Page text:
You can pull out a number of small excerpts throughout to show your team and use them to make a point.
One of my favorites–and I’m paraphrasing–is that “fear is a normal human emotion, but complacency can kill.”
She is discussing the danger that awaits on particularly precarious and dangerous parts of the climb. In those dangerous moments it is better to manage your fear and turn it into focus than it is to be complacent in the face of danger.
I recognize this same dynamic in coaching.
We vilify fear, but in certain situations it can be a useful tool to concentrate the mind or drive us to prepare. Complacency, on the other hand, can creep in and makes us vulnerable to the big moments we failed to prepare for, and to the mundane that we take too lightly.
It can do a lot of damage quickly.
I find this a very useful talking point with players.
Don’t worry too much about having some fear. Fear points you in a direction. It challenges you.
Worry more about becoming complacent and turning manageable tasks into bigger challenges and big challenges into threats.
Levine’s tale of ascending Mount Everest is valuable on many levels. You can find the video Lessons From the Ledge here.
I am not an investment coach, but I believe that learning about investing informs my coaching and makes me a better coach.
I enjoy reading and thinking about investing. For many of my friends this is incredibly dull. OK, for most of my friends.
They really hope that I don’t discuss stocks or the markets. Or, write about it.
Before you turn away or move on, let me share just one thought.
Many of the things that I learn when reading about investing translate into valuable information for coaching.
For example, this little article on an investment site about overcoming our bias towards action.
The author discusses our need to act in most situations even when it might be best to simply do nothing, show patience or have faith.
Many coaches change quickly when times are tough because they feel the need to do something, maybe anything, to impact the situation. We humans can’t tolerate how it feels to simply continue on the path, or worse, just wait.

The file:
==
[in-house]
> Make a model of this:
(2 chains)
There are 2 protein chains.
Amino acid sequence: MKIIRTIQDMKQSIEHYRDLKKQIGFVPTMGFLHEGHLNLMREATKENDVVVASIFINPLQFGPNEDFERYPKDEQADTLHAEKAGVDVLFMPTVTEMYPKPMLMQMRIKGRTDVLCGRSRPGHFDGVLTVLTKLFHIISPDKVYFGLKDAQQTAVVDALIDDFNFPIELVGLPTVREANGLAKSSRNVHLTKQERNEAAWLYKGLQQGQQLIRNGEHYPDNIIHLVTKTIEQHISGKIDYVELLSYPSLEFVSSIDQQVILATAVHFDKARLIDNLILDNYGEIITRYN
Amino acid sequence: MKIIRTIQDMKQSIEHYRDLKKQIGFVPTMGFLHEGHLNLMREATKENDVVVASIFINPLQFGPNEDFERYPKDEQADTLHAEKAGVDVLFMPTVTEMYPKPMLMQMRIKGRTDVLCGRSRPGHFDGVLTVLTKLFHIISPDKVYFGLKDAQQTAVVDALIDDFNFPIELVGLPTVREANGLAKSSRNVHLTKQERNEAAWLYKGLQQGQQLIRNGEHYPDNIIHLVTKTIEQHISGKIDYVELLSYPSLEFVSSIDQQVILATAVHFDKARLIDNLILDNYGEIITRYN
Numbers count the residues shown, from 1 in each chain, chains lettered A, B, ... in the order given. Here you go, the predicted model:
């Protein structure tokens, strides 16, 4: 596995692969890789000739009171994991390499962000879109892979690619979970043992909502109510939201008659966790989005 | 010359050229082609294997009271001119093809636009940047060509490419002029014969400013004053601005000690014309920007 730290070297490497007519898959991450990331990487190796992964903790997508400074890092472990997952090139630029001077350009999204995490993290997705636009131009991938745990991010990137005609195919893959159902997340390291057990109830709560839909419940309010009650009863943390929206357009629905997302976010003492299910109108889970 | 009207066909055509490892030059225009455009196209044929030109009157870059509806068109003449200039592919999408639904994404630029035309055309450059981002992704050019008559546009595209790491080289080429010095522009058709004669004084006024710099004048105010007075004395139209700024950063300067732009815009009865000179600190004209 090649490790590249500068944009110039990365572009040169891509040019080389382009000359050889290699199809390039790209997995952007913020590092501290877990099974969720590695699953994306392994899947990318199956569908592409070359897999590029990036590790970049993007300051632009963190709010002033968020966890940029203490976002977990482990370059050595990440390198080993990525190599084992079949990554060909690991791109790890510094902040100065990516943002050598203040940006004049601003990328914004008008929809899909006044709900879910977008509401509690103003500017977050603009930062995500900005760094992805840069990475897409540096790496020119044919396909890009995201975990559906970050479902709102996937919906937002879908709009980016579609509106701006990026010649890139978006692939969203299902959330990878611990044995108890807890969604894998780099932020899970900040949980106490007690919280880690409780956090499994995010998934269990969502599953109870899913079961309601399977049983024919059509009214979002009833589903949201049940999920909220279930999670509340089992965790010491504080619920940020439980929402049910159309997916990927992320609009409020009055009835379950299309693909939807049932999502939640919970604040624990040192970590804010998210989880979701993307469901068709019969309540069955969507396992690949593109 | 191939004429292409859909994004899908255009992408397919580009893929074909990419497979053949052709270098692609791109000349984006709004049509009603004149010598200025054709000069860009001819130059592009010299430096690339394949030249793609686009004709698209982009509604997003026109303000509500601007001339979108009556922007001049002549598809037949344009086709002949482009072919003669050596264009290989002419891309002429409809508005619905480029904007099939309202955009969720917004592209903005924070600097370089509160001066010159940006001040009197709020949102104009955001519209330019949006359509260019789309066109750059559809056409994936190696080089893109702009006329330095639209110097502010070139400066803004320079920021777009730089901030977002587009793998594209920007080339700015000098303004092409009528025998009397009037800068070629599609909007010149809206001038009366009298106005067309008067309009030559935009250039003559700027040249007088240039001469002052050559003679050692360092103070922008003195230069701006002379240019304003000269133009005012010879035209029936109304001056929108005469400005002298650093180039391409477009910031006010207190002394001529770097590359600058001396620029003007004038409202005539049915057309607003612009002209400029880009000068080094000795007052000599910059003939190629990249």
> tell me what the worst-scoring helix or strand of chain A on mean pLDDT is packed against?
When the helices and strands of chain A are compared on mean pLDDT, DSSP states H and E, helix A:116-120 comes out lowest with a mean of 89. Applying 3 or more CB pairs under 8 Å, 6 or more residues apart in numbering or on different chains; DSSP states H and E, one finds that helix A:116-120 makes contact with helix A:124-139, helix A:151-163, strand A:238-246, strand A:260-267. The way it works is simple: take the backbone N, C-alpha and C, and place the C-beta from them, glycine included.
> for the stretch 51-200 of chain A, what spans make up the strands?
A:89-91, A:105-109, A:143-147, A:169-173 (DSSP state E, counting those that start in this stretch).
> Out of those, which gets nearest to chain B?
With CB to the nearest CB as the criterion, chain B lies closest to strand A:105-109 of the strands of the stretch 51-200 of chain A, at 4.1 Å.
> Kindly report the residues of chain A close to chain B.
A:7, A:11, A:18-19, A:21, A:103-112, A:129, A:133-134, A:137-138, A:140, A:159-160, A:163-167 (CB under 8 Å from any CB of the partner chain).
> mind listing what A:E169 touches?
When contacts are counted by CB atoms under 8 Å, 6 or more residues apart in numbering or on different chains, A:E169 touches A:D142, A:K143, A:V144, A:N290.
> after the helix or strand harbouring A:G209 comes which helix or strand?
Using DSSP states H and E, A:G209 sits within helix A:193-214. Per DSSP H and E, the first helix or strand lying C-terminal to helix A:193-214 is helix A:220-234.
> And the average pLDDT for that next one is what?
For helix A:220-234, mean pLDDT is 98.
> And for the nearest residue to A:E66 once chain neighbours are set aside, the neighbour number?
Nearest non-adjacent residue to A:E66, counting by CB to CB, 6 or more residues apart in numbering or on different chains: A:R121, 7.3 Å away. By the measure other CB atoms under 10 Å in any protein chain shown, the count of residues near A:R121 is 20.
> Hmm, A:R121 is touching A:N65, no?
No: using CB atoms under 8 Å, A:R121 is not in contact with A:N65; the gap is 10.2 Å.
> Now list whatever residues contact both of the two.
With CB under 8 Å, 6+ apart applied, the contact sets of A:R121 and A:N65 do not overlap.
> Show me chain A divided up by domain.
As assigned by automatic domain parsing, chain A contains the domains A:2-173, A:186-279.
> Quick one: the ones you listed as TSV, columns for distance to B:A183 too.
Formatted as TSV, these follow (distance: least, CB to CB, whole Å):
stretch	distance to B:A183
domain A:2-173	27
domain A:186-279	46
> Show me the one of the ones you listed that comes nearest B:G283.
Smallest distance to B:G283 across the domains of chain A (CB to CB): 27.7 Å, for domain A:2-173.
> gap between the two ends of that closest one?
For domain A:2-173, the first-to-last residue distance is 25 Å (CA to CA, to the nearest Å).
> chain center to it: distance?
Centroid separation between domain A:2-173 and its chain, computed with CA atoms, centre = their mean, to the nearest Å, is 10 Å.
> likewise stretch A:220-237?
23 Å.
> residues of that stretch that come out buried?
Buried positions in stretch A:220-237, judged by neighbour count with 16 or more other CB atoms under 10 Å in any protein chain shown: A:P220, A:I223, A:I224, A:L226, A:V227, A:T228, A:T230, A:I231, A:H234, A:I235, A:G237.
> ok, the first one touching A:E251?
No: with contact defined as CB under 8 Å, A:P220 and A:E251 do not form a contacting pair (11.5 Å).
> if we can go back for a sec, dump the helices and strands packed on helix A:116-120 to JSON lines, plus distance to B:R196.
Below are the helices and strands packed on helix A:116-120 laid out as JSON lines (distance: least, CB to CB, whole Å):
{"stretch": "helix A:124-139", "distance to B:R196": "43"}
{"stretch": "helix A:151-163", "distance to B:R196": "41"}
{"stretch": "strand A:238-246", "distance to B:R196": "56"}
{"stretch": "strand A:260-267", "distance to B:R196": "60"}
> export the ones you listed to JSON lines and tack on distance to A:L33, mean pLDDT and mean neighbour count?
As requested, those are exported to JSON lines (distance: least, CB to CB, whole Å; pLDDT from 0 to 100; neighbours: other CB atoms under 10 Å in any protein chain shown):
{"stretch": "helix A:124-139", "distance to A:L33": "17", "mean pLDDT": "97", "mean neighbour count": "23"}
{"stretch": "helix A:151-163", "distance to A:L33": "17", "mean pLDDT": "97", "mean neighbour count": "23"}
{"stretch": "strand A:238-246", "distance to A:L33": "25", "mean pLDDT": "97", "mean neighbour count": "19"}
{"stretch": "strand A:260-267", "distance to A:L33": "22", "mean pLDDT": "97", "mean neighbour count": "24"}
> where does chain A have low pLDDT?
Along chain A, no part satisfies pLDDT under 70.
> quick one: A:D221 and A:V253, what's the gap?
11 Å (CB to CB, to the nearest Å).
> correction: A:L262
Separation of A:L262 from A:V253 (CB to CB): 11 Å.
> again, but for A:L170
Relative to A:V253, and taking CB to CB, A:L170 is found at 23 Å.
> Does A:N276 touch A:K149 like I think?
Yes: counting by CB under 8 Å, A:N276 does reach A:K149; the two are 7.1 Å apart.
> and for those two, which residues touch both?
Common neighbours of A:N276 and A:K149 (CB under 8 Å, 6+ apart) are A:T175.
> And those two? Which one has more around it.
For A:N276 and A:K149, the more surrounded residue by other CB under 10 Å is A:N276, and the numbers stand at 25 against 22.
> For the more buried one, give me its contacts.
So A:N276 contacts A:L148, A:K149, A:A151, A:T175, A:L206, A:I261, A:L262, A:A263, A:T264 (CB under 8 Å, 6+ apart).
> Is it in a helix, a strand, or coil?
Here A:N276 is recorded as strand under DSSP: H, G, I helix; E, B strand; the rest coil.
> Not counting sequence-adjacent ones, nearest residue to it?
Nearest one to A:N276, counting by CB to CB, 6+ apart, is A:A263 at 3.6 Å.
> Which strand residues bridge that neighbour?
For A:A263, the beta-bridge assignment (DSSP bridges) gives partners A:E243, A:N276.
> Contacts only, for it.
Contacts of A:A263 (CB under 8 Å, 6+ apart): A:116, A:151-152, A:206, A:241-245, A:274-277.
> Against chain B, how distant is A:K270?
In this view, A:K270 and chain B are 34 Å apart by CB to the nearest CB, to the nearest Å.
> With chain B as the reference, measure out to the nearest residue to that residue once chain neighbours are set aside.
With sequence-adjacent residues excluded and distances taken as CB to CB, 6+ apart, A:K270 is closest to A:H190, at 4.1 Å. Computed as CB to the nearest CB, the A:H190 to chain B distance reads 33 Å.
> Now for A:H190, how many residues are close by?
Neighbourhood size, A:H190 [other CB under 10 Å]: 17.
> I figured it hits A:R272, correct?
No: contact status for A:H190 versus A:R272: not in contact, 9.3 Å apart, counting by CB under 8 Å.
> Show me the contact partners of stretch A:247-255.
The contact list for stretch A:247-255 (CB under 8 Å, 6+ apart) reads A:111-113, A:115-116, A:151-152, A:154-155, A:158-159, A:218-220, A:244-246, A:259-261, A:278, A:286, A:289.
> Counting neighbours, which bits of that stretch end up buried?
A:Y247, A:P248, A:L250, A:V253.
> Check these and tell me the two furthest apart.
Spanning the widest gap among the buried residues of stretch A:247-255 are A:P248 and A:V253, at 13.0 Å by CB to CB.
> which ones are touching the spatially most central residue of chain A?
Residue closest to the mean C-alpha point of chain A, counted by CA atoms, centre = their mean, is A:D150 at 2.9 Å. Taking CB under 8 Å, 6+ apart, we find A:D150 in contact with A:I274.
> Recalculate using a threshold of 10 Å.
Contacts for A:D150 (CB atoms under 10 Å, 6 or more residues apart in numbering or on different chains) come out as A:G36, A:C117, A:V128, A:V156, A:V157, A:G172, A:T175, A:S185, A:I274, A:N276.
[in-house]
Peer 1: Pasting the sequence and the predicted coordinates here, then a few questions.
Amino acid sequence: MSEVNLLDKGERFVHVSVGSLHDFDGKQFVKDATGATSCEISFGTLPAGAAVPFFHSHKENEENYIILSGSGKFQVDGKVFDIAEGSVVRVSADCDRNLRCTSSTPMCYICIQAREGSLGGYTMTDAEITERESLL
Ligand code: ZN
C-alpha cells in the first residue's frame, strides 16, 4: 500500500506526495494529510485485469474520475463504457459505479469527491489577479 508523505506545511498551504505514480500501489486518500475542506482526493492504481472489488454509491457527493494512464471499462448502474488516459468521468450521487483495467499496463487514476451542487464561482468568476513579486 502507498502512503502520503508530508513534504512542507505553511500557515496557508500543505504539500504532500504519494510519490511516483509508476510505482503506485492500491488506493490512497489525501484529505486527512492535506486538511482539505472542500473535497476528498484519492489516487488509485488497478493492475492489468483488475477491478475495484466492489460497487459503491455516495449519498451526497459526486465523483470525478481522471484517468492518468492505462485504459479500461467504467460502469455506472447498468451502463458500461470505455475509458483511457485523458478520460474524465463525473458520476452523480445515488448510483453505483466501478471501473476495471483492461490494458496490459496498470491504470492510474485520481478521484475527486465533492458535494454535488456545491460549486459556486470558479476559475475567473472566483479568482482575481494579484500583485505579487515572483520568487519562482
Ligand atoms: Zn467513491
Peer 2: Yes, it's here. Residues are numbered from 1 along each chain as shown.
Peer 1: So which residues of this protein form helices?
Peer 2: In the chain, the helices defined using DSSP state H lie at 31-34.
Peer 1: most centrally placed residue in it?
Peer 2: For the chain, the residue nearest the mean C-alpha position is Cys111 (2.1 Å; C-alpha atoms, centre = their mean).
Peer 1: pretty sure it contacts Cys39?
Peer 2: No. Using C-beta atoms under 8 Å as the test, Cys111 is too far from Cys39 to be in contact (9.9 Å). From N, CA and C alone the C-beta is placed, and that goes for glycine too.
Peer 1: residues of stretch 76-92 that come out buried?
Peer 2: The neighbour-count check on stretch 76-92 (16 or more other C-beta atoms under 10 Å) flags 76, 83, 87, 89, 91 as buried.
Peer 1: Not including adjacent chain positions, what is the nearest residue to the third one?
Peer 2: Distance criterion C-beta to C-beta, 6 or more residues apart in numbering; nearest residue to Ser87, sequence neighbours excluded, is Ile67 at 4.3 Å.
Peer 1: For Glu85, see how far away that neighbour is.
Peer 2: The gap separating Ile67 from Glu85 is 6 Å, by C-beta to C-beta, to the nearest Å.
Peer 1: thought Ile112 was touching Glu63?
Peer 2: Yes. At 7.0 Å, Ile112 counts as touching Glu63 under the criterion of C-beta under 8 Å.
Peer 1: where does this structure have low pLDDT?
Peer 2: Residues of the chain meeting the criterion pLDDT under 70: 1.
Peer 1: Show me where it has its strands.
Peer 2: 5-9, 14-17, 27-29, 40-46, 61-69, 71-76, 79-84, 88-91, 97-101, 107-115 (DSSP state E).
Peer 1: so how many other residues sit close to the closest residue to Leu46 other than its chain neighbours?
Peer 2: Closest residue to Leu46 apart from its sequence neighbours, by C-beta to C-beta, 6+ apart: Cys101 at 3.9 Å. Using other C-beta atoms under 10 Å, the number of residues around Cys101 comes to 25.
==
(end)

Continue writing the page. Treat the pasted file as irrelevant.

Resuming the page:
Our team calls this urge to act the “Do Something Bias”—the feeling that you need to act, even when the situation doesn’t warrant it. This bias often surfaces when we feel like we are experts in a situation—and feel an undo amount of control over something uncontrollable—or when we face uncertainty and acting is our way to alleviate the anxiety of the unknown. But this bias becomes a problem when the best course of action is to do nothing. And it’s surprising how often this is the case.
It brings to mind a book I am reading and re-reading lately Antifragile, which is more philosophy than investment, but Taleb, the author made his reputation writing in the investing world.
Of course, this is probably true of any field.
The more we expand our interests and reach, the more commonality we will find among disciplines, the wider the lessons we are exposed to and the more thoughtful we can be about coaching.
Much of what we learn in other areas can be applied to coaching and in fact helps us to expand our thinking and improve our work.
So no I’m not an investment coach, but I still think learning about investing makes me a better coach.
The Farnam Street website provides more insight into our tendency to act, our bias towards action, when the best course may be stillness or better yet, maintaining continuity.
The post from Farnam Street begins with this quote:
“We trained hard, but it seemed that every time we were beginning to form into teams we would be reorganized. I was to learn later in life that we tend to meet any new situation by reorganizing, and what a wonderful method it can be for creating the illusion of progress while producing confusion, inefficiency, and demoralization.” — Roman satirist Petronius Arbiter
We all have this bias towards action at some point. Can you recognize it? And, can you stop yourself from action when the opposite is warranted?